Andrew Lloyd Webber on Jeeves

Andrew Lloyd Webber was the composer of Jeeves and instigated the project with his then collaborator Tim Rice. In his auto-biography, Unmasked, Andrew Lloyd Webber writes extensively about his experiences with Jeeves, some of which are reproduced here. Where Andrew's account differs significantly from Alan Ayckbourn's recollections, notes are amended.

Behind The Scene Of Jeeves: Andrew Lloyd Webber

"I, like Tim [Rice], am a devoted fan of P.G. Wodehouse's Jeeves stories and I was overjoyed when we both enthusiastically decided to write a Jeeves musical. We chose The Code Of The Woosters as our prime source material and Tim was very chuffed with the title Suddenly There's a Valet.
(Unmasked, pp. 178)

"We [Lloyd Webber & Rice] had numerous contacts with P.G. Wodehouse's old book writer / collaborator Guy Bolton, whom the great man once described as 'like mulligatawny soup… advisable not to stir.'…. No one knew what hold Guy Bolton had over Wodehouse, but he (Guy) had heard about our
Jeeves plans and even though he was nearly 90 years old tried to get in the mix. We had several meetings where he suggested we write songs for various enterprises that he had failed to get produced."
(Unmasked, pp. 193-194)

"Robert Stigwood's [the producer of
Jeeves] in-house theatre man was an entertaining hard left-winger called Bob Swash. His politics, however, did not preclude him from seeing pound signs if he could steer the Jeeves project into the capitalist swamps of the West End via some of its best restaurants. Bob Swash knew progress with Tim [Rice] was slow. Maybe a helping hand with the book might push things along. Enter playwright Alan Ayckbourn. His Absurd Person Singular had just opened to critical raves and Bob thought that a Jeeves project written by the trio of Rice, Webber and Ayckbourn would send luvvies into an orgy of frenzied anticipation. So he arranged for us to meet. I immediately got on well with Alan, especially when the conversation got onto Burmese cats, and I thought we were seriously in business. But the fact that Tim allowed such a high-profile third person into our marriage should, in Wodehousian words, have put the Persian among the pigeons. For on September 20 Tim pulled out of Jeeves. It wasn't so much this that upset me. He had every right to withdraw from a project that he had qualms about. It was the way he pulled out. I learned the news by way of a letter he wrote to Guy Bolton which he openly copied to me and David. However my initial upset soon turned to delight, Tim having ankled from the three-way collaboration, Alan instead immediately offered to write the lyrics himself,[1] I was triumphant. At last I had a real theatre collaborator - and not only that but the British theatre man of the hour. This would show Tim a thing or three."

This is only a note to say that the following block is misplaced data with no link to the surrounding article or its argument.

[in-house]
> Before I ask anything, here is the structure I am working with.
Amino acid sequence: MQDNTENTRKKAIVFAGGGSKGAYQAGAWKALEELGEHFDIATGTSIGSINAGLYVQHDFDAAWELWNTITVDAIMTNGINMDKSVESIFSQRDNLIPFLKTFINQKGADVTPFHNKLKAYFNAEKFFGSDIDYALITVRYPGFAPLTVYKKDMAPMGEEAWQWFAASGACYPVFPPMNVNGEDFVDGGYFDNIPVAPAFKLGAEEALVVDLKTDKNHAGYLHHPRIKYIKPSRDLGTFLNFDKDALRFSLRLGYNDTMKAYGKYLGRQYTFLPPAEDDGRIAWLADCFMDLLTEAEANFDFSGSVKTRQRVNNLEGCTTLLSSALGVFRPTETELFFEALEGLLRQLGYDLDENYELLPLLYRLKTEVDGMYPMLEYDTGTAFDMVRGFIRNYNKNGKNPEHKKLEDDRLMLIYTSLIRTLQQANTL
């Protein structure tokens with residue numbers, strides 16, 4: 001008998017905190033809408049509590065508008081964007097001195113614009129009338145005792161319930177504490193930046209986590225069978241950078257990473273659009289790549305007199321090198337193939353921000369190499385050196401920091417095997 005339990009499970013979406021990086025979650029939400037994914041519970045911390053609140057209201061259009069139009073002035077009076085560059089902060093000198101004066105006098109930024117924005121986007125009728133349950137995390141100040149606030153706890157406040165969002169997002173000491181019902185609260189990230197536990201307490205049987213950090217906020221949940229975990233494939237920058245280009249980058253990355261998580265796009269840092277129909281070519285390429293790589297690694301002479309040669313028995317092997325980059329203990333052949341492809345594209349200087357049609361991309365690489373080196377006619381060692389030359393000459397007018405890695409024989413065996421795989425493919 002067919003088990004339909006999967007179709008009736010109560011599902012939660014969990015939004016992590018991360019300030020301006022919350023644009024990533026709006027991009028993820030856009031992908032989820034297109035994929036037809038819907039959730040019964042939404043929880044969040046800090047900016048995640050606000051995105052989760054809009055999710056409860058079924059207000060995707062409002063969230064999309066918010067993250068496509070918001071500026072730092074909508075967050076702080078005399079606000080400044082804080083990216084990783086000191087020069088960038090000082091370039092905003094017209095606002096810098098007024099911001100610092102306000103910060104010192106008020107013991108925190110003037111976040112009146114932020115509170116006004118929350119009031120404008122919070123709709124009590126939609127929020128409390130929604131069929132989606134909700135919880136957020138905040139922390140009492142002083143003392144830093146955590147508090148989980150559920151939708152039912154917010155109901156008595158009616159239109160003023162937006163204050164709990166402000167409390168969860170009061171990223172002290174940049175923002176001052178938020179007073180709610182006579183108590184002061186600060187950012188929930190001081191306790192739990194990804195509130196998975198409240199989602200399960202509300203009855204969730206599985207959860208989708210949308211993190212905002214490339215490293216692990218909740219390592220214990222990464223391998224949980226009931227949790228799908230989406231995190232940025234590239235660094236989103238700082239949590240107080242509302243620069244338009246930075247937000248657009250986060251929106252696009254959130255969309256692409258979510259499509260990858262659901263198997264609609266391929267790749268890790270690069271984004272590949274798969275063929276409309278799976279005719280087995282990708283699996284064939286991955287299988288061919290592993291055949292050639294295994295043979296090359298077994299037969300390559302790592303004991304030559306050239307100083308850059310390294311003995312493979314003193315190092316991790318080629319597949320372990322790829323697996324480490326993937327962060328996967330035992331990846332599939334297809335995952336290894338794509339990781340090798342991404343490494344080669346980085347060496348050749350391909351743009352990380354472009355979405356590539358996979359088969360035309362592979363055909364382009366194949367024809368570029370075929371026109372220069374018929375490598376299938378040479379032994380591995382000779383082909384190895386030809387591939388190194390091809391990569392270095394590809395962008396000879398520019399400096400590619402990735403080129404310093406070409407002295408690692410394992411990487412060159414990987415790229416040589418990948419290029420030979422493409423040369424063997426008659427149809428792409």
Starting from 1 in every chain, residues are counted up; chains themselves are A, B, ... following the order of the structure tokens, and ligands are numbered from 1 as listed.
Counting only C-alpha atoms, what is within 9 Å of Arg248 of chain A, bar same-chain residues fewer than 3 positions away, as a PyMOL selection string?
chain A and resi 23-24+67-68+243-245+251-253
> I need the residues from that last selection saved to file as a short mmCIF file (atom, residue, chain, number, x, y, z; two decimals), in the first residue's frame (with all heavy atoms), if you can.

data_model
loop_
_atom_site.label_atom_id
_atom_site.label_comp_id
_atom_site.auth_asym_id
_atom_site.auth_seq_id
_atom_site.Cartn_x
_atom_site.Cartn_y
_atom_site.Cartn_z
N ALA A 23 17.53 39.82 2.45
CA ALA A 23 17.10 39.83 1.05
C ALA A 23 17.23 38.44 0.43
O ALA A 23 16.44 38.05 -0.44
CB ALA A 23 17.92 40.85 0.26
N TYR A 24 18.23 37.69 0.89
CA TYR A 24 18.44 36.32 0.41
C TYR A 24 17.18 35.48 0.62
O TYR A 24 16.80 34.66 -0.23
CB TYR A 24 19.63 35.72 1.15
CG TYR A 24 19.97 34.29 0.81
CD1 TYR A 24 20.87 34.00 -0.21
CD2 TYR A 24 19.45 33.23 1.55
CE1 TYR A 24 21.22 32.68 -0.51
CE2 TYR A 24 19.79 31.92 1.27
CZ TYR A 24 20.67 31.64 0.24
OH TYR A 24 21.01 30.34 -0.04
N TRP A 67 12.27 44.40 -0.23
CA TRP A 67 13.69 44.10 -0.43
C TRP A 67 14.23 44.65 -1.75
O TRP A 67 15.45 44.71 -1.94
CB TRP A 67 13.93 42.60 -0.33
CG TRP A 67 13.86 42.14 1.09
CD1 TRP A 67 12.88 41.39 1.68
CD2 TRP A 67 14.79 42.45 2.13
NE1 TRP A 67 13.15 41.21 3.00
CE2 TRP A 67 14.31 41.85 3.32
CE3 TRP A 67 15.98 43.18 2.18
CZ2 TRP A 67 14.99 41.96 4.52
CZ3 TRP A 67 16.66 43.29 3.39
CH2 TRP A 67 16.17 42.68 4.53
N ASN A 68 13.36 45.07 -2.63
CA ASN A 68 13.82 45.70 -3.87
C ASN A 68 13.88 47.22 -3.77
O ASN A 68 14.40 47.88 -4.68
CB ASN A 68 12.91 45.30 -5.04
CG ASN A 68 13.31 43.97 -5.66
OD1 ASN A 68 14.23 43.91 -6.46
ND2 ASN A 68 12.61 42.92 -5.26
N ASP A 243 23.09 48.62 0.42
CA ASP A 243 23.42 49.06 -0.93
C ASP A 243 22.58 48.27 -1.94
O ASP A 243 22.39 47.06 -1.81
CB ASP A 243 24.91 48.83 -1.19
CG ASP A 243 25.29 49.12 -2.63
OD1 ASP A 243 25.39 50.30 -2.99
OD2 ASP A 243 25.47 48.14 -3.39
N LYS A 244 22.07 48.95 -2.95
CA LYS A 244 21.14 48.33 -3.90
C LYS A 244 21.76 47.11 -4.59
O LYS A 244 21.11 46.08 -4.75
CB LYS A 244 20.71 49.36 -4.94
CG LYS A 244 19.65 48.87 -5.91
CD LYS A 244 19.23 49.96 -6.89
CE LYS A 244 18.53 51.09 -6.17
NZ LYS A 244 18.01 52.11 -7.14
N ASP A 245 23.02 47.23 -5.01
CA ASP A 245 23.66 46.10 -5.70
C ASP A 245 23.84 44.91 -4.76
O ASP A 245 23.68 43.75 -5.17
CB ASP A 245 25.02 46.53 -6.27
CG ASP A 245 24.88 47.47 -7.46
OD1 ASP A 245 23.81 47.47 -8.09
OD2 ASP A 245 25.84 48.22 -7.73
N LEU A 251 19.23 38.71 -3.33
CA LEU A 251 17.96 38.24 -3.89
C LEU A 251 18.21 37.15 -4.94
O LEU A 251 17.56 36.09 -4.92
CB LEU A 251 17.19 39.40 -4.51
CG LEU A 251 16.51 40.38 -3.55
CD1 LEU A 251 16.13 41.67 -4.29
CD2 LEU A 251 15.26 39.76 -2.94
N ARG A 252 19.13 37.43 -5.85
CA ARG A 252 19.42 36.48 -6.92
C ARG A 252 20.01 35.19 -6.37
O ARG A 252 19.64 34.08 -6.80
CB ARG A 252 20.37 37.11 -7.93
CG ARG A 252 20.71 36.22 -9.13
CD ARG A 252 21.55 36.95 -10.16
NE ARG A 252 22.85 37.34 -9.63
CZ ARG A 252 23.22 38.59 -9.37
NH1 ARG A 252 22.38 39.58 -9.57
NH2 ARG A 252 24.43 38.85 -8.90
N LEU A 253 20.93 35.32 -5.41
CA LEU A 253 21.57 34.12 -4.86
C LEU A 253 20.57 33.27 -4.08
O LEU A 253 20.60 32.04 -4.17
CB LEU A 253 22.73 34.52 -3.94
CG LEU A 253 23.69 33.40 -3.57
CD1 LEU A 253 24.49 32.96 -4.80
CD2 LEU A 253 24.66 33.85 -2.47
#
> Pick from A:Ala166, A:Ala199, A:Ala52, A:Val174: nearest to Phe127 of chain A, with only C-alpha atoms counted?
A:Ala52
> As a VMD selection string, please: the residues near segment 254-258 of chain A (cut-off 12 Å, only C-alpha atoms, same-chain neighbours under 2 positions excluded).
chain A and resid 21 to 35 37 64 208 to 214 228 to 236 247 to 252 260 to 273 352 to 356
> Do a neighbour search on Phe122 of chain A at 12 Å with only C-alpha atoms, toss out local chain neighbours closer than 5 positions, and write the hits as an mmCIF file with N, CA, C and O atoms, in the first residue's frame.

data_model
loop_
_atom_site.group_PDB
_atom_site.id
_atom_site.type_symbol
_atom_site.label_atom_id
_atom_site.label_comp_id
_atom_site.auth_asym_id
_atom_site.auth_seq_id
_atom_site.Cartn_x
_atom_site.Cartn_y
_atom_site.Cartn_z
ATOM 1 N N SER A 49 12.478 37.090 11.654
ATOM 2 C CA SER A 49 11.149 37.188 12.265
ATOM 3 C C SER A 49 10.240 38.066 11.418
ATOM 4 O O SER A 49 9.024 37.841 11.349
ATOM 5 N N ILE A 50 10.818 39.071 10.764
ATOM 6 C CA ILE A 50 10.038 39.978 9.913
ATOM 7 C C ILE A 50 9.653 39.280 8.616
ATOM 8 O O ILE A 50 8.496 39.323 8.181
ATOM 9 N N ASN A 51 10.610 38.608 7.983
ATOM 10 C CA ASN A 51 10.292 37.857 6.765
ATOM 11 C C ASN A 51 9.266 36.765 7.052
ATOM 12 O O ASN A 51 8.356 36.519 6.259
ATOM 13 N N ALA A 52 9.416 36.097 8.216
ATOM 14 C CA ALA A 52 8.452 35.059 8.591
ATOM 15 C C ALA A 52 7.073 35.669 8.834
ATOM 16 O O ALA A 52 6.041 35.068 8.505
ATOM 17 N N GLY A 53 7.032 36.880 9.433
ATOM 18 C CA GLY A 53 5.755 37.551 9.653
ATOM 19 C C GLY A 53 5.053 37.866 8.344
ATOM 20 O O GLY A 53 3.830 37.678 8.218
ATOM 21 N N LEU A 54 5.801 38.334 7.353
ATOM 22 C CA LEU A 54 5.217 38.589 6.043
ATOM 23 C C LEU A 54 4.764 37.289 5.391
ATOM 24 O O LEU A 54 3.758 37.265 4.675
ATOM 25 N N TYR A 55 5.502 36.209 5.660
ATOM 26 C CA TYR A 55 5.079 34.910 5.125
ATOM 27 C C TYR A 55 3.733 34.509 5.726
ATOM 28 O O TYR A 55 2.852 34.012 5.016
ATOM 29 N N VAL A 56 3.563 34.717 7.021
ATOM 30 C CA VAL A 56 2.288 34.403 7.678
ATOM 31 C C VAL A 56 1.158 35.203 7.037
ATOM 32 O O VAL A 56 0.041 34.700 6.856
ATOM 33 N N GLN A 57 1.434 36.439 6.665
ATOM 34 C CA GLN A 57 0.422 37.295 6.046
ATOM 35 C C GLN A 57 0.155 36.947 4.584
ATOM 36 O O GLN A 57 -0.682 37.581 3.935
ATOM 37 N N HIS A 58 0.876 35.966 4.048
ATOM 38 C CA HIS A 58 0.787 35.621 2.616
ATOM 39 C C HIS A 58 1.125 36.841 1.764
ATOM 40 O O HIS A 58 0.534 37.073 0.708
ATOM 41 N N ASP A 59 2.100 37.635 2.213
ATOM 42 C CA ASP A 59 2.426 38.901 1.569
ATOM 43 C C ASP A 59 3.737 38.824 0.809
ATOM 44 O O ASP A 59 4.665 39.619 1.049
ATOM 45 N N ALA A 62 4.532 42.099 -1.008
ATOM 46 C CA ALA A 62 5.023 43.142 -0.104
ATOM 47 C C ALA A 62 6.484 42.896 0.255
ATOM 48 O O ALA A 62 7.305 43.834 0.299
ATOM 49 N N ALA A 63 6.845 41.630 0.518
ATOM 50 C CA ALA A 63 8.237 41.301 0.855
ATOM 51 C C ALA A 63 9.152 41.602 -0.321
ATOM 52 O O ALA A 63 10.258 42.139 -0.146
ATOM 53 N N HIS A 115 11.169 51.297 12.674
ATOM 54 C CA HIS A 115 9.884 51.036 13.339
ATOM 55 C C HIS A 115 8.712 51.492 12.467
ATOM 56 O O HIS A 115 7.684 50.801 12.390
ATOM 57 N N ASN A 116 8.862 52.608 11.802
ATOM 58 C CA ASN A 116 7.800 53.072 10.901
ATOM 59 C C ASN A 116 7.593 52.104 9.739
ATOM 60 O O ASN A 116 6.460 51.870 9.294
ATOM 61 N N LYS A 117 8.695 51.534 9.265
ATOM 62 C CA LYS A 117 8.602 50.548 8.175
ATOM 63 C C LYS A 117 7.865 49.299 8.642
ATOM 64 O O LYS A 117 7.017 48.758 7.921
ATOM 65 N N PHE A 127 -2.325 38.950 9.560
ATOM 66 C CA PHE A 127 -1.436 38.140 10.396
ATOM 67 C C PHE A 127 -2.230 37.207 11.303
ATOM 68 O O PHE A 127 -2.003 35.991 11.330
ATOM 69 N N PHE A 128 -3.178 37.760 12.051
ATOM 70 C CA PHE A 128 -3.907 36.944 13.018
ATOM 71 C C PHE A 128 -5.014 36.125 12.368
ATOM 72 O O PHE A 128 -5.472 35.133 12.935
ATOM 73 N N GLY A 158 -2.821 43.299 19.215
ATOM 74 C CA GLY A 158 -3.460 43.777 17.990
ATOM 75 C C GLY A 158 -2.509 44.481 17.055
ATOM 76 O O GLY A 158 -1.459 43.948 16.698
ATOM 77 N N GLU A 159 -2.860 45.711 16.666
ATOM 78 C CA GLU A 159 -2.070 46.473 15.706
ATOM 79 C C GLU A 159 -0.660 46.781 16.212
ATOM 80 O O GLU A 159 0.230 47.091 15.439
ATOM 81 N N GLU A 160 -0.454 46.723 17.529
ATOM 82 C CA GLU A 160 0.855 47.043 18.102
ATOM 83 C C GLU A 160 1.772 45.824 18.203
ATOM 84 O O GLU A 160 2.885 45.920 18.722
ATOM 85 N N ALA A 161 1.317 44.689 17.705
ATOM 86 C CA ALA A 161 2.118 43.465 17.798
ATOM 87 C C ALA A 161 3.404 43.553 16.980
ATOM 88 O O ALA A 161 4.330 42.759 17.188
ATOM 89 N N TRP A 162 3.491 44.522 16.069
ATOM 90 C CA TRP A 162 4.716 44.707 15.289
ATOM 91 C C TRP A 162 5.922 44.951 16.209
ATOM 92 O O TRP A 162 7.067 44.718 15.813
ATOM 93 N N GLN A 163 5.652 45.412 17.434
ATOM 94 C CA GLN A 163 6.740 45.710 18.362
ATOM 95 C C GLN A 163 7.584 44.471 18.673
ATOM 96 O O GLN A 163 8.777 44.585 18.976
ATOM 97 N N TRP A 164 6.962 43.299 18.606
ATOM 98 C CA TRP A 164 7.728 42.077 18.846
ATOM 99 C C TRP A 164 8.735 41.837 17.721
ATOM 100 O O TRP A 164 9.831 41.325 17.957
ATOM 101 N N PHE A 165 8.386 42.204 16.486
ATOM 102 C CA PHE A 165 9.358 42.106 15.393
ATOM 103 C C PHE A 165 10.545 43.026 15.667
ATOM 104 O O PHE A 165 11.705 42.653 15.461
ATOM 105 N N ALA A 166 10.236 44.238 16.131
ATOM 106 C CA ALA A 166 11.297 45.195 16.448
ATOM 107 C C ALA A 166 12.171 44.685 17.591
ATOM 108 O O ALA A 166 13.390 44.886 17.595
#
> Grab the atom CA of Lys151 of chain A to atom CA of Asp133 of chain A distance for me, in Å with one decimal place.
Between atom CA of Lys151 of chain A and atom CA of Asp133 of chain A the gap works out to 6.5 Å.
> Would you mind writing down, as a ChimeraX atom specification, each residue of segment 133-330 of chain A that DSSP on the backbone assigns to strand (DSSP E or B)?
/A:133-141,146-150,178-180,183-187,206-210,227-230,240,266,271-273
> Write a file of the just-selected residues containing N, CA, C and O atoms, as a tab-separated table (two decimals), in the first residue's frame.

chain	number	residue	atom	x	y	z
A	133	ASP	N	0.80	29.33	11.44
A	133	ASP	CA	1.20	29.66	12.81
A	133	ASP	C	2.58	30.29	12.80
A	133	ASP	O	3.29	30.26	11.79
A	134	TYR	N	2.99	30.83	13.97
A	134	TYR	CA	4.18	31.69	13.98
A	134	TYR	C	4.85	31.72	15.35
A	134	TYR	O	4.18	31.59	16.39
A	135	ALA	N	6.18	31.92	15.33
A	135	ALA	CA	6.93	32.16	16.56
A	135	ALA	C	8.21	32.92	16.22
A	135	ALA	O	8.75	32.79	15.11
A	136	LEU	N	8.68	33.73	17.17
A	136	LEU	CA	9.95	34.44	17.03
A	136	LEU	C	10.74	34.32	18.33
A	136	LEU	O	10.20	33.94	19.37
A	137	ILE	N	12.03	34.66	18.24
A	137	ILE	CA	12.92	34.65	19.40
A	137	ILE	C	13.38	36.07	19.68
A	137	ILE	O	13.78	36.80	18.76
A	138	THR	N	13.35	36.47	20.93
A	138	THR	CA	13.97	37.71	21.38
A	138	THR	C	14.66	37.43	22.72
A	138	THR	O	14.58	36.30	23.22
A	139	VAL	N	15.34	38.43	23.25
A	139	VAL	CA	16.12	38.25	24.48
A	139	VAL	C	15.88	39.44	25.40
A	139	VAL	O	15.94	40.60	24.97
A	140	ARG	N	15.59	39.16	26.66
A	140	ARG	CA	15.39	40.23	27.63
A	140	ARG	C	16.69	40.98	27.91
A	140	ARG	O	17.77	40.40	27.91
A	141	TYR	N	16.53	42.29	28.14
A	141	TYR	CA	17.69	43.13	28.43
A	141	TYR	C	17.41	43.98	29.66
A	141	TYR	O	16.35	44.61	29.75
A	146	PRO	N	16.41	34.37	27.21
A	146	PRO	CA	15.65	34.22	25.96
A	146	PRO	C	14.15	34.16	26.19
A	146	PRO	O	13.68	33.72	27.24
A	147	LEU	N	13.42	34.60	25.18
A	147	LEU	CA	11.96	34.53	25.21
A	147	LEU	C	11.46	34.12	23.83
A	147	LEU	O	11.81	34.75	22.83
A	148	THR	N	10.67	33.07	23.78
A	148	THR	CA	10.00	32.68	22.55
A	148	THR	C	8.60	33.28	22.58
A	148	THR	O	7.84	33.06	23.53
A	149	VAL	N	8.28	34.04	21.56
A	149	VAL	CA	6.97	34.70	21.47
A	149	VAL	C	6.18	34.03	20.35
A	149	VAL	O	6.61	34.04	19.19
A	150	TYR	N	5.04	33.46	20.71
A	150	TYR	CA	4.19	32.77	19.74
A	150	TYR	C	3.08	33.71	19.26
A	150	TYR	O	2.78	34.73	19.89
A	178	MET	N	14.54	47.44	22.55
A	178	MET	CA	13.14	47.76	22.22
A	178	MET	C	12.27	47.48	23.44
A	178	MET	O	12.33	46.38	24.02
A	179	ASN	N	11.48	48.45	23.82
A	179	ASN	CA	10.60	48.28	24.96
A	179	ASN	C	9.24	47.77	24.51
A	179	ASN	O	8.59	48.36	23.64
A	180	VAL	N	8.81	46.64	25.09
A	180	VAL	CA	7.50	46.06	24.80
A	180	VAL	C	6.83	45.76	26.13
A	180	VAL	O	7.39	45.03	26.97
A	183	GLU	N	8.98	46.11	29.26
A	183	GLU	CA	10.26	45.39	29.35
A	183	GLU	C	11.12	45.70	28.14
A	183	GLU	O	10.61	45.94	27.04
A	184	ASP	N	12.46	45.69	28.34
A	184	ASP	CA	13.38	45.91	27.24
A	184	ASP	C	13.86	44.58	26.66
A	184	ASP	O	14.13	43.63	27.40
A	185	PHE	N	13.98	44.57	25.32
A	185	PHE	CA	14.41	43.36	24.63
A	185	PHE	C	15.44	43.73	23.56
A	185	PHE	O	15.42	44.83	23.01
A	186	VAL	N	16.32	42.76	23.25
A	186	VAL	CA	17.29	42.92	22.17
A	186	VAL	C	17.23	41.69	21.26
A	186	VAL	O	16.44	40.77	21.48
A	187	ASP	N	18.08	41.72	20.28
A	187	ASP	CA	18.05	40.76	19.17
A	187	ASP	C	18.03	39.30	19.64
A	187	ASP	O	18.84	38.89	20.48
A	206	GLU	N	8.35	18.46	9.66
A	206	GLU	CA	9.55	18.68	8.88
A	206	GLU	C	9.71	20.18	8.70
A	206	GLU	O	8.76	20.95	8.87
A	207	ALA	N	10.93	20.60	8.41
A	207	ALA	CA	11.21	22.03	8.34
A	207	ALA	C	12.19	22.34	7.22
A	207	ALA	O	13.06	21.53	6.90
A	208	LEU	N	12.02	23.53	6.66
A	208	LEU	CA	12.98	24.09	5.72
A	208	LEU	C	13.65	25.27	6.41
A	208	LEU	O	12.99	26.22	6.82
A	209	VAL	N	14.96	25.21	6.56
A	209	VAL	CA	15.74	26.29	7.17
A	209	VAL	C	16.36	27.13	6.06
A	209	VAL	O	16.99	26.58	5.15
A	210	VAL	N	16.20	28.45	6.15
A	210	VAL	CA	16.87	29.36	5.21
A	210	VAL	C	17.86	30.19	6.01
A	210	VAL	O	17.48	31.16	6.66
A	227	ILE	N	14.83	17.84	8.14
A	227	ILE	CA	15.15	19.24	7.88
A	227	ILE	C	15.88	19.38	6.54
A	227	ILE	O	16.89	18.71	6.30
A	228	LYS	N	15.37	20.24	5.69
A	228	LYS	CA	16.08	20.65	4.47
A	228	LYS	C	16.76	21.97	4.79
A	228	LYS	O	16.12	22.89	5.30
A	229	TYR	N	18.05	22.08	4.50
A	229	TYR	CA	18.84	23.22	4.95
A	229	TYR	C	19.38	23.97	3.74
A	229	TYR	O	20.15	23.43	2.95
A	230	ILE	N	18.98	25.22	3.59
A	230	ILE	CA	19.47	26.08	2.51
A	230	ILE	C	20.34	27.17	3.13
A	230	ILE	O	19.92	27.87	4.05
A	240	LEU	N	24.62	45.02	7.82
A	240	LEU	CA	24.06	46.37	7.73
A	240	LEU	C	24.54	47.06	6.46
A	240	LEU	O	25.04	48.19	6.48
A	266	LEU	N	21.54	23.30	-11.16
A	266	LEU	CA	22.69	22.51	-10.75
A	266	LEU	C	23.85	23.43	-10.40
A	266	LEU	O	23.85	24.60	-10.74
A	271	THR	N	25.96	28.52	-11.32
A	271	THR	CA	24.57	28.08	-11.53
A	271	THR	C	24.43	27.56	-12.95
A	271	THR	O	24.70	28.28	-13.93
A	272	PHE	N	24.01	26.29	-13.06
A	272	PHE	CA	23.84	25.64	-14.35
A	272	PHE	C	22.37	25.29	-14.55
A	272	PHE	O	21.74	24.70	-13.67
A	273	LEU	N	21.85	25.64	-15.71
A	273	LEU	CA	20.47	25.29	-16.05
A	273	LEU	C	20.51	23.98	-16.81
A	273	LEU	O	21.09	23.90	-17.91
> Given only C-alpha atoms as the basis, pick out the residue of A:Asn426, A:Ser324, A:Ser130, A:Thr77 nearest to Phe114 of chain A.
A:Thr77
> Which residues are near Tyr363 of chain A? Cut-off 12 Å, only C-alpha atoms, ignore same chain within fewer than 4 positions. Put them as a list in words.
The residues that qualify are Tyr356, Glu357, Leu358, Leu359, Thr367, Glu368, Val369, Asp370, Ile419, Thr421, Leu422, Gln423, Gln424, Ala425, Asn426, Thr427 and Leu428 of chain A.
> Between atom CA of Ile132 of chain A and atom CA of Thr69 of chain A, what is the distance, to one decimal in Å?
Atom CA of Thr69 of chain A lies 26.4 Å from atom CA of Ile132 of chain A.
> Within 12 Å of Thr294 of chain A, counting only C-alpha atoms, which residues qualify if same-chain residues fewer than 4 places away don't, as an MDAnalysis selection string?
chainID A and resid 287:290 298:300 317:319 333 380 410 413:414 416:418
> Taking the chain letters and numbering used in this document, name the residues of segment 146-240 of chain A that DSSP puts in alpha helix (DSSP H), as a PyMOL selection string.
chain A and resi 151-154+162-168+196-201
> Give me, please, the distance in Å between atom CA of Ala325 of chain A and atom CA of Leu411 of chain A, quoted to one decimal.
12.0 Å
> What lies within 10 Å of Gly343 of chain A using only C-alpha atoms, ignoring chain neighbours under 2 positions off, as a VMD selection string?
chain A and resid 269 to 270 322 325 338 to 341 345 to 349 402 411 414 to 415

(Unmasked, pp.194)

"In November, P.G. Wodehouse himself wrote fo me offering himself as my lyricist and suggested an existing
Jeeves script by Guy [Bolton] as the basis for a Wodehouse, Bolton and Lloyd Webber partnership. But things had gone too far with Alan by then. But by goodness, if only I had realised at the time just how amazing 'Lloyd Webber and Wodehouse' would have looked on my CV."
(Unmasked, pp.195)

"In the case of
Jeeves the team on paper looked really strong. At 25, I was the youngest but my form didn't look bad, Alan Ayckbourn had scored on both sides of the Atlantic with How The Other Half Loves and his latest trilogy The Norman Conquests confirmed him as catch of the day. Furthermore he brought with him another man of the hour, British director Eric Thompson, father of the actress Emma. Eric had not only directed Alans recent successes but also plays like My Fat Friend and he was basking in his fame as the voice and script-writer of the BBC TV show The Magic Roundabout. The choreographer Christopher Bruce was feted as top dog at Ballet Rambert. The designer Voytek came with a pedigree featuring film work with Roman Polanski and a recent RSC production, The Marquis of Keith.